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Columbia Association board endorses plans for Symphony Woods

The Columbia Association Board of Directors took a stance on a set of controversial plans for an arts park in downtown Columbia Thursday night with a vote to endorse the project. 

The board voted 6-to-4 in favor of supporting the current iteration of the Symphony Woods project, which seeks to bring an amphitheater and sculptural amenities to the undeveloped site next to Merriweather Post Pavilion. Plans for the project also envision an art gallery built of mirrors and glass and "the caterpillar," a plant-covered tube that would serve as a barrier between Merriweather and the park. 

Some CA board members and Columbia residents are unhappy with the proposal, which they feel is too intense. Proponents say the designs represent the imaginative spirit the city needs to propel itself forward. Thursday night, a nearly even ratio of supporters and detractors showed up to testify on the plans, with 10 in favor and nine against. 

A main point of contention was whether the plans had changed substantially enough to allow the CA board to back out of an agreement permitting the Inner Arbor Trust -- the group charged with developing plans for the Symphony Woods project -- to use the site, which is owned by the Columbia Association. 

Wilde Lake resident Mary Pivar, who testified against the current Inner Arbor plans, said she found designs such as a turfboard picnic table, the caterpillar and flashing lights "odd" and considered them "afterthought, material changes" that "should be removed and permanently rejected from the plan." 

"We are supporters of a simple park with a variety of opportunities, textures and atmospheres, not an amusement park with endless distracting cacophony," Pivar said.

Supporters said they wanted the arguing to stop and plans to move forward. 

Oakland Mills resident Julia McCready, on the other hand, held up a sign with the words "THANK YOU" emblazoned in bold black letters to express her support for current Inner Arbor plans to the board.

"I support it, my family supports it, my friends support it and the majority of Columbia supports it," she said. "It’s safe to say that your lasting legacy to Columbia will be this wonderful park. We can’t wait to see it get started."

Board members Reg Avery, Alan Klein, Russ Swatek and Jeanne Ketley questioned Inner Arbor Trust President Michael McCall on what they said was a lack of transparency in the trust's operations. 

Ketley, who represents Columbia's town center, where Symphony Woods is located, said the lack of a public process was "really unfortunate, and I think we should remedy that if we still can, because you need to have support for [the project], otherwise it's going to dwindle away.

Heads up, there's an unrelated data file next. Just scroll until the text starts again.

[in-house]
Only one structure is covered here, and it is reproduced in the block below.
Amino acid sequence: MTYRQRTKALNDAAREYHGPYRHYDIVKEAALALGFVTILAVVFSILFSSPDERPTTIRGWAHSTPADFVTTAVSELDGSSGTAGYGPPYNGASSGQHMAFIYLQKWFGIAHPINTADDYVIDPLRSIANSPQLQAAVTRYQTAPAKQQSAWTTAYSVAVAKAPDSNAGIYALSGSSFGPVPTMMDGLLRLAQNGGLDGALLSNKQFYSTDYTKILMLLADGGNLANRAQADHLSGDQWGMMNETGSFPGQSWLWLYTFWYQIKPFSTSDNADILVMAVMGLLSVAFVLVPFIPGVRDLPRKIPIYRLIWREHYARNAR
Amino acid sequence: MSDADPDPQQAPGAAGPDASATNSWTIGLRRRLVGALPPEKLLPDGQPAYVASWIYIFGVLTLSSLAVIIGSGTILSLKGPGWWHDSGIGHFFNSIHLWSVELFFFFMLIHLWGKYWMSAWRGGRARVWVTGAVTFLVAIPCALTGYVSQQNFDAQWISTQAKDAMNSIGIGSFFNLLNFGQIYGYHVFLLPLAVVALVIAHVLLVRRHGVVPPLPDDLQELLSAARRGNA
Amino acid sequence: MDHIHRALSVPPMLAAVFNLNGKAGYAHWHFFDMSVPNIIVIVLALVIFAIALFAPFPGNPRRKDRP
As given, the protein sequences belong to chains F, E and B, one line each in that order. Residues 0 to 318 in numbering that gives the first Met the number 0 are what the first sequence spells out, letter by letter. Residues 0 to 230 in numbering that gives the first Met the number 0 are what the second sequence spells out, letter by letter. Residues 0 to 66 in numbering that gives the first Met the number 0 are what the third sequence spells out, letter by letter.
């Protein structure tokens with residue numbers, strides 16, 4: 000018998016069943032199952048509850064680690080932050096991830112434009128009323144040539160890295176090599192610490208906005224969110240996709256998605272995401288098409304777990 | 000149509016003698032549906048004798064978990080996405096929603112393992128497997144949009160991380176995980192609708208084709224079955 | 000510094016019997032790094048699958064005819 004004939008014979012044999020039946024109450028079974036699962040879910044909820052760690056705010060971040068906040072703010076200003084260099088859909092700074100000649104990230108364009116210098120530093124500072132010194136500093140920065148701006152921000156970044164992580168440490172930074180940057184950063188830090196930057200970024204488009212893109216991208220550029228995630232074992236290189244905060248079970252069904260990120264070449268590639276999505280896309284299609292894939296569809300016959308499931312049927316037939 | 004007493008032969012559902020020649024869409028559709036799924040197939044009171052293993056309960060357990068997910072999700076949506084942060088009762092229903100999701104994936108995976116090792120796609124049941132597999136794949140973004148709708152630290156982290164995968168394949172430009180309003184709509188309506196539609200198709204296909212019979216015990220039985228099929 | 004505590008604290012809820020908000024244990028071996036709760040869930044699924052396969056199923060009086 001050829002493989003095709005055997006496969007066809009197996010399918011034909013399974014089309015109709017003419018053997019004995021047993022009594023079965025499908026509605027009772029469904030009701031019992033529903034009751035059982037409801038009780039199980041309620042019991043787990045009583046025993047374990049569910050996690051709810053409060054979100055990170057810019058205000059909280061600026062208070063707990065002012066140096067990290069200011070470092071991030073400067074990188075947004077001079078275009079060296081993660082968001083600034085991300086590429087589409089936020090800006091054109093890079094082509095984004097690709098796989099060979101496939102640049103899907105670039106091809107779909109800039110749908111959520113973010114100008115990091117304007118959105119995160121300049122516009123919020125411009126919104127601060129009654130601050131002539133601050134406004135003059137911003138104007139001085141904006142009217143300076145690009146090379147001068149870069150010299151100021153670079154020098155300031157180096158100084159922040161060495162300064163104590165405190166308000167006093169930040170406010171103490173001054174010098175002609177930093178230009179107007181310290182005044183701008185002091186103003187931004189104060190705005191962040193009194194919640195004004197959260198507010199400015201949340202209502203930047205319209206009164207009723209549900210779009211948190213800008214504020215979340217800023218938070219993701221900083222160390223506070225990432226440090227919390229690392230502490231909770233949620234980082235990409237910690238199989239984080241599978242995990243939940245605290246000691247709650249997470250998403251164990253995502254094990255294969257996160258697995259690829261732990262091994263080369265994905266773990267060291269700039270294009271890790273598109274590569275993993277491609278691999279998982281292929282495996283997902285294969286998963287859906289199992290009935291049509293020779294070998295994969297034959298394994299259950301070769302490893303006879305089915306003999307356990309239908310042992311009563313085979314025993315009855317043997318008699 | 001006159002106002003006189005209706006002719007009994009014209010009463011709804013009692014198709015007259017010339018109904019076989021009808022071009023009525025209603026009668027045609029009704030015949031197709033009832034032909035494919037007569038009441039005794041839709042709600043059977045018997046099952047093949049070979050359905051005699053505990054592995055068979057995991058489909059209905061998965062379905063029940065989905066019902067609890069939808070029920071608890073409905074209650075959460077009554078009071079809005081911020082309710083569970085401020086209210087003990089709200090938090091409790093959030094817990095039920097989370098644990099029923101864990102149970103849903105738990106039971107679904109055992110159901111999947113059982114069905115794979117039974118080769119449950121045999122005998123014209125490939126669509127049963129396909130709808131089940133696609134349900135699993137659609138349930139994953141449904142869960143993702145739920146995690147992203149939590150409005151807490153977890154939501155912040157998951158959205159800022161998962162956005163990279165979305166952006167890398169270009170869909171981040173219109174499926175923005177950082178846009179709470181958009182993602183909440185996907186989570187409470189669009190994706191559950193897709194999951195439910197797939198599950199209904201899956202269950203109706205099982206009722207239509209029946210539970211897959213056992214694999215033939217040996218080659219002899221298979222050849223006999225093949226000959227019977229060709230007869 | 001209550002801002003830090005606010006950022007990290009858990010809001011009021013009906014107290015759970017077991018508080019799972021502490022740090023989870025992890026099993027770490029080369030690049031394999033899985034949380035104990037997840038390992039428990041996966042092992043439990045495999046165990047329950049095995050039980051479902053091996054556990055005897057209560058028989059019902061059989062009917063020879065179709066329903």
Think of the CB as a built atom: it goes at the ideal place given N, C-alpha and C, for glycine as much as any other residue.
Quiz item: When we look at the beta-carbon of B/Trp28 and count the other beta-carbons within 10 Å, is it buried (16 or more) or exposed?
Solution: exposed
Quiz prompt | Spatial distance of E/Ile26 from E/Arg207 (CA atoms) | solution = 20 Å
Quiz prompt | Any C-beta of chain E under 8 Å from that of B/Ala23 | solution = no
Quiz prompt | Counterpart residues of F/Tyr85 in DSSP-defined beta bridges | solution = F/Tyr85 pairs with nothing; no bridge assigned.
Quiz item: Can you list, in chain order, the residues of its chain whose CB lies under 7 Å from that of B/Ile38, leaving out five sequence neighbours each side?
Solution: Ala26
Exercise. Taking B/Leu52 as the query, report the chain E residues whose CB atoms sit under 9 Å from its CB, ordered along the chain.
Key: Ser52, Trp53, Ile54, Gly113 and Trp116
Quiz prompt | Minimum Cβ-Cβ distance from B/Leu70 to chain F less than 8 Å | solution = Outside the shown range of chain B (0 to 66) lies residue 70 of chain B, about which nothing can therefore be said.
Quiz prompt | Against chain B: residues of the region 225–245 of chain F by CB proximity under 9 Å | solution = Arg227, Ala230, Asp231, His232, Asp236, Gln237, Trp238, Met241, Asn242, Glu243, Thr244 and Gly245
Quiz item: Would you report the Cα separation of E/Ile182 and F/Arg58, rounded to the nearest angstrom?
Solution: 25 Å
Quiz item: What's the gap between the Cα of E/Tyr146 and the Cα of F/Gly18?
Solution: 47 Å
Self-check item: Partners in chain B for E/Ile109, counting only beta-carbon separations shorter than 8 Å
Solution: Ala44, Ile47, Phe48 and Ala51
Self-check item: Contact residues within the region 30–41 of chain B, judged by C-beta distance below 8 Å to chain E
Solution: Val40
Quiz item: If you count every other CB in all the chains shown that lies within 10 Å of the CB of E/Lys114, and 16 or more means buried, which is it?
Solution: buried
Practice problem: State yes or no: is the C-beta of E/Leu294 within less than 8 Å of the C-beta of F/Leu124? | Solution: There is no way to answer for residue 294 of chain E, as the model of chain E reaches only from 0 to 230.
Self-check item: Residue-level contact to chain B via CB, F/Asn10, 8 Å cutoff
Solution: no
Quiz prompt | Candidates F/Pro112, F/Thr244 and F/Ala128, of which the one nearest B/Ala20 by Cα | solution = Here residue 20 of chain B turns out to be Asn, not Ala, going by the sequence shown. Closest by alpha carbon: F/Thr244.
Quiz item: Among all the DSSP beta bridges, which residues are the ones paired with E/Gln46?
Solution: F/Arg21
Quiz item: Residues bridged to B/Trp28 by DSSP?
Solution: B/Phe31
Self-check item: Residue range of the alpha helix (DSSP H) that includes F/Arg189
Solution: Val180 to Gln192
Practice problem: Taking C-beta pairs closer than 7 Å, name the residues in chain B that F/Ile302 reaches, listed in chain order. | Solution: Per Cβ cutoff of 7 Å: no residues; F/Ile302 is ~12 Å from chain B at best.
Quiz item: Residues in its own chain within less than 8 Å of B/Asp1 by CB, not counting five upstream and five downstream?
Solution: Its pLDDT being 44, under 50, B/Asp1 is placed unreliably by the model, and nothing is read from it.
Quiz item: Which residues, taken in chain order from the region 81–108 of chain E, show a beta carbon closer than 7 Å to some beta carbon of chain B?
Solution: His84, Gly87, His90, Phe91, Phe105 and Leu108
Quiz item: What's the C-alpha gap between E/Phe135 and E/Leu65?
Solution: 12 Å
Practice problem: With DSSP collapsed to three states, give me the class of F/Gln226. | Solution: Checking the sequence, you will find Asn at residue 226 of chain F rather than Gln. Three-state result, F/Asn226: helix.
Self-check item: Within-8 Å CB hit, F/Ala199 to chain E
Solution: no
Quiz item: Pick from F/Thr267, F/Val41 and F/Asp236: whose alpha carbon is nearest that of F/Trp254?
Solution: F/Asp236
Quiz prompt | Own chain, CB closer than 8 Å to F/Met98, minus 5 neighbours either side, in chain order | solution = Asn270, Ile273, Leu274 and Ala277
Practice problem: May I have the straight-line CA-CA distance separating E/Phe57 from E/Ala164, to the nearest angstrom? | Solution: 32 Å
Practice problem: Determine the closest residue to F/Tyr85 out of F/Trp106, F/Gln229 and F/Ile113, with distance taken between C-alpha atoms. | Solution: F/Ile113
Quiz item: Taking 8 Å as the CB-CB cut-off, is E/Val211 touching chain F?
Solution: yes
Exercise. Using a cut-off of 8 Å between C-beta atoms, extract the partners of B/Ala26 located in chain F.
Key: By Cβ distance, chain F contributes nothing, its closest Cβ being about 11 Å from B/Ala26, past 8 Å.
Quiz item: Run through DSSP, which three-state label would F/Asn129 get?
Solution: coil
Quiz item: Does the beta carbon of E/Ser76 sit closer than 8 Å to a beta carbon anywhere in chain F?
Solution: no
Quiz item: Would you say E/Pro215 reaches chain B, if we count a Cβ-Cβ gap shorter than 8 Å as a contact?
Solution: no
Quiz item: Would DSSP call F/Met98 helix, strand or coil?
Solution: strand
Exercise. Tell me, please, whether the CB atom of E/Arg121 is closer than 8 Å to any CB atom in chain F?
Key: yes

"I don’t buy the thought that we have to rush ahead," she added. "This is millions of dollars of our people’s money – you’re going to really roll along without giving it good consideration? My God, you’ve got to let them have a voice."

McCall said he couldn't promise open meetings of the Inner Arbor Trust going forward, and he noted that many organizations receiving financial assistance from the county did not hold board meetings that are open to the public. 

He said the trust has gathered public feedback in other ways: through CA board meetings and conducting its own research. McCall said the group had talked to 600 people at the Wine in the Woods event this May, and "all but four" were in favor of the park as currently conceived. 

He said the trust was finalizing a report on a 1,000-person survey about park plans and "I can tell you that, statistically, this plan is very well embraced. 

"I never came to these meetings until the last couple years," he added, "and I recognize the same people – there’s a class of people who come to this, it’s an intellectual class, it’s a dedicated class, they’re loving of their community… [but] there’s a whole audience of thousands of people who are not being heard tonight."

Columbia Association President Milton Matthews said he thought unhappiness with the plan was more a matter of taste than a "material change" to the initial project concept. 

"I honestly think that among the board members and possibly among others, we’ve forgotten what a concept is," he said. Now that more concrete plans have been submitted, he said, disagreements over the content are "almost like two people looking at a piece of art and disagreeing about what I like versus what someone else likes."  

Ketley, Swatek, Avery and Klein ultimately voted against endorsing the current park plans. Swatek also suggested the group vote to pronounce that the current plans include "material changes" -- the standard for rescinding the land-use agreement -- board chair Andy Stack denied Swatek's request, saying it wasn't germane to the initial proposal to endorse the Symphony Woods plans. 

Stack, Nancy McCord, Brian Dunn, Tom O'Connor, Michael Cornell and Gregg Schwind voted in favor of endorsing the Inner Arbor plans. 

 

Copyright © 2015, The Baltimore Sun
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